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translation of Gk. "cwrein"

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  • thiudans
    Hails, Making my way through the gaps in John. cwrousai below is a pres. act. part. in nom. fem. pl. meaning admitting of or allowing i.e. being able to
    Message 1 of 5 , Mar 23, 2007
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      Hails,

      Making my way through the gaps in John.

      cwrousai below is a pres. act. part. in nom. fem. pl. meaning
      "admitting of" or "allowing" i.e. being able to hold up to 2 or 3
      metretes of water. Gamotan (gamotandeis) "be admitted etc." would fit
      a passive meaning but I find no evidence of its use in the active or
      some such construction as *gamotnandeis or *gamotan wisandeis. Would
      Gothic prefer a periphrasis here perhaps using bairan or haban and magan?

      John 2:6

      ἦσαν δὲ ἐκεῖ λίθιναι ὑδρίαι ἓξ κατὰ τὸν καθαρισμὸν τῶν Ἰουδαίων
      κείμεναι χωροῦσαι ἀνὰ μετρητὰς δύο ἢ τρεῖς


      Now there were six stone waterpots set there for the Jewish custom of
      purification, containing twenty or thirty gallons each. (NASB)

      So far I have:

      6. ItH wesun jainar staineine aurkiwe .q. bi tHana gahrainein Iudaie
      gasatidai...

      (Note: I use the partitive genitive for stain. aurk. but .q. is
      understood as a nominative)
    • Giuseppe Pagliarulo
      Hails! ... Good to read about you again, Matthew. It looks like 2Kor 7:2 has something very similar to the case in question: _cwrhsate hmas_, meaning make
      Message 2 of 5 , Mar 24, 2007
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        Hails!

        > cwrousai below is a pres. act. part. in nom. fem. pl. meaning
        > "admitting of" or "allowing" i.e. being able to hold up to 2 or 3
        > metretes of water. Gamotan (gamotandeis) "be admitted etc." would fit
        > a passive meaning but I find no evidence of its use in the active or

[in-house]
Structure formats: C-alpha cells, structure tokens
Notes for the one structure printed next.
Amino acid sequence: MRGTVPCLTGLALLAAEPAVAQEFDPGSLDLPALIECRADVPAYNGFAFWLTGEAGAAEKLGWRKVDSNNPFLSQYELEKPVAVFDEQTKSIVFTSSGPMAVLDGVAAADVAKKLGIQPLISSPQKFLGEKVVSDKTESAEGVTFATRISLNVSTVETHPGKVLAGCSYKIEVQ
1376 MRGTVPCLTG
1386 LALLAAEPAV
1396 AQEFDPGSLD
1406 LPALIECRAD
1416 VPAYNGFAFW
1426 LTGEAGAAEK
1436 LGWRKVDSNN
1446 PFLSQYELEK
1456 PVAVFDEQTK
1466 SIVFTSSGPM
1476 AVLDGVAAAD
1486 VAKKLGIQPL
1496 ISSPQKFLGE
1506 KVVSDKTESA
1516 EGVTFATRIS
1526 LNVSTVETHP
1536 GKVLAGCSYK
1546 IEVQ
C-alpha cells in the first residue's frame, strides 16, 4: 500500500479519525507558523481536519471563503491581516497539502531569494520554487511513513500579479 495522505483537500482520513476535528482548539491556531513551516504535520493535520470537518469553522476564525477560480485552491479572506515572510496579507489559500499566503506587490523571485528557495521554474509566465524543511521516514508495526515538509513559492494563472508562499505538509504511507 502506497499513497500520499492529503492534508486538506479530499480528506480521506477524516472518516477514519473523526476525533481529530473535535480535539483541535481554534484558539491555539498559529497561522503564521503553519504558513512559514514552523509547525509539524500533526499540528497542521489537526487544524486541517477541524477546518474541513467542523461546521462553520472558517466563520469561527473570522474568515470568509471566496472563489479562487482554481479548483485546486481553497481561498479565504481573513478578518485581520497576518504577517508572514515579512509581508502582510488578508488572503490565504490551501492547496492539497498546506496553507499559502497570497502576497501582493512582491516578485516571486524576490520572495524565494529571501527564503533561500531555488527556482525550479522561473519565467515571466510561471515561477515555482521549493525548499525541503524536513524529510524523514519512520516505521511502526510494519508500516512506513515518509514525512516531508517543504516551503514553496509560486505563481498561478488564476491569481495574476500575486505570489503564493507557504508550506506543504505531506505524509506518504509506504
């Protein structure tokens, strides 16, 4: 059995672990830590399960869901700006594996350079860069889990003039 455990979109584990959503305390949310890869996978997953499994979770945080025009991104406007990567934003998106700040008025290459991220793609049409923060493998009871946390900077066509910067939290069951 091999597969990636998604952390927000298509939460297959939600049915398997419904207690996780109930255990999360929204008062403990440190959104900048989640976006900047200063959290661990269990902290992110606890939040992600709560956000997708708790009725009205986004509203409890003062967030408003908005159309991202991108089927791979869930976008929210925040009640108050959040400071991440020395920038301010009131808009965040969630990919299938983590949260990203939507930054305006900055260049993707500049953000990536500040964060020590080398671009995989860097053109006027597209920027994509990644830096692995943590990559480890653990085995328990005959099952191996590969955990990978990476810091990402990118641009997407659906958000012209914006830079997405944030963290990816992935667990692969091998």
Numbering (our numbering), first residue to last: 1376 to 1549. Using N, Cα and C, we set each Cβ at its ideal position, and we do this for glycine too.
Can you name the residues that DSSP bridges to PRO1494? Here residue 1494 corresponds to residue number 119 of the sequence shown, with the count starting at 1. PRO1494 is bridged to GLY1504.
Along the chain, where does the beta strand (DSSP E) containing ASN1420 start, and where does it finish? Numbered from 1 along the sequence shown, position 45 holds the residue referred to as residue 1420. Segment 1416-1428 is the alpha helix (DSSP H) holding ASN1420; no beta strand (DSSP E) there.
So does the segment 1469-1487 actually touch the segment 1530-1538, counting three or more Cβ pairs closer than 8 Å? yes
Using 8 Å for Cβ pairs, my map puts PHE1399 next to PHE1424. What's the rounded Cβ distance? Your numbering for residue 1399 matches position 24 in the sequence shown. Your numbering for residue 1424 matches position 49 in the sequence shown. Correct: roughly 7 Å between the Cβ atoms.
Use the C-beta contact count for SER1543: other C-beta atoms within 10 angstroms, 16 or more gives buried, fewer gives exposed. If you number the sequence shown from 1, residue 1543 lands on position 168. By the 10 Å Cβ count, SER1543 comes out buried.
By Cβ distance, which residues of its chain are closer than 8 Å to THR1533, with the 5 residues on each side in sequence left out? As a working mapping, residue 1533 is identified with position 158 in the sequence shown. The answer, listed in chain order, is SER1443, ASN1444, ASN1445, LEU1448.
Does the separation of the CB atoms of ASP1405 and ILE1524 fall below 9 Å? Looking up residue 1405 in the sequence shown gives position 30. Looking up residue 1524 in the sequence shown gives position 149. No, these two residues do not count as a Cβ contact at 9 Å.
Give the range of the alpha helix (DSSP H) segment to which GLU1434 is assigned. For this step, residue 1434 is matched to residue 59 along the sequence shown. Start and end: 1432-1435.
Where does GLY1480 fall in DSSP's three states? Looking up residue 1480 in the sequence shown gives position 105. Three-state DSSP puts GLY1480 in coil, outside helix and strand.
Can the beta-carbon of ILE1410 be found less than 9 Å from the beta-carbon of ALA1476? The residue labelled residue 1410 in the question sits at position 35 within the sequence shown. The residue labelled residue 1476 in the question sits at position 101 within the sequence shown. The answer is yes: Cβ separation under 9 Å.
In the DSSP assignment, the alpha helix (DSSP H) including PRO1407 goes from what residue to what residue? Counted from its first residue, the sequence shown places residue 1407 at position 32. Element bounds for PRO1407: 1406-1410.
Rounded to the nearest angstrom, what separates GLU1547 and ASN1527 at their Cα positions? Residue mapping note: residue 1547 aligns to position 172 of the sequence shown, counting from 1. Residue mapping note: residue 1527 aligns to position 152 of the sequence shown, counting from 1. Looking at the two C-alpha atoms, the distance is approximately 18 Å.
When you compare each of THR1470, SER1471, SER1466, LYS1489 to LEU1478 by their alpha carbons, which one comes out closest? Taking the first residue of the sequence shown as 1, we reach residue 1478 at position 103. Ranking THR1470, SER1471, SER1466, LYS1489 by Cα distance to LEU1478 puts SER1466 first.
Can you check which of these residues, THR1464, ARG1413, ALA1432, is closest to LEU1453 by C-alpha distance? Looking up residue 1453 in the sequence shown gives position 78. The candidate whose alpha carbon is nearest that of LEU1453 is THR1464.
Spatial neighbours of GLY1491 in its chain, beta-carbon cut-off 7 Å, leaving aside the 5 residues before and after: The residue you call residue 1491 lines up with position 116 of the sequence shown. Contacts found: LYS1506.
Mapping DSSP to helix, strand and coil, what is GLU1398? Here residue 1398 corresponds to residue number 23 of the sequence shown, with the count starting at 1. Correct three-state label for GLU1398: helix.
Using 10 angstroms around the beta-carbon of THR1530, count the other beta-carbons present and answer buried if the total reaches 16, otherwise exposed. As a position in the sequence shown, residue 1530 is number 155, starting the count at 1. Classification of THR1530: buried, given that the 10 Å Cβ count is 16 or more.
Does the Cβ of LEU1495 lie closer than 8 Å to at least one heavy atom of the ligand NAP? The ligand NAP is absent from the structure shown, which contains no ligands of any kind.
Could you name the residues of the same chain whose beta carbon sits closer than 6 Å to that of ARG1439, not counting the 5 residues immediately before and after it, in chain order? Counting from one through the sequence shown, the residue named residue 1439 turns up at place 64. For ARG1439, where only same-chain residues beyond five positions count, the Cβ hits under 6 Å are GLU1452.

> some such construction as *gamotnandeis or *gamotan wisandeis. Would
        > Gothic prefer a periphrasis here perhaps using bairan or haban and magan?

        Good to read about you again, Matthew. It looks like 2Kor 7:2 has something
        very similar to the case in question: _cwrhsate hmas_, meaning "make room
        for us". Here's how Wulfila translates this: _gamoteima in izwis_. So maybe
        a good rendering of John 2:6 would be _in thaimei gamostedun .a. aiththau
        .b. <metrhtas>_.

        Hope this helps

        Iosef

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      • llama_nom
        Hails, Þiuadan! KARA TON KAQARISMON. My guess would be: bi þizai gahraineinai . Or maybe more likely just bi gahraineinai ? bi takes dative with the
        Message 3 of 5 , Mar 25, 2007
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          Hails, Þiuadan!

          KARA TON KAQARISMON. My guess would be: 'bi þizai gahraineinai'. Or
          maybe more likely just 'bi gahraineinai'? 'bi' takes dative with the
          sense "in accordance with", as in 'bi witoda' = KATA TON NOMON, etc.
          see Streitberg II. 3(e) [
          http://www.wulfila.be/lib/streitberg/1910/HTML/B019.html ].

          LN



          --- In gothic-l@yahoogroups.com, "thiudans" <thiudans@...> wrote:
          >
          > Hails,
          >
          > Making my way through the gaps in John.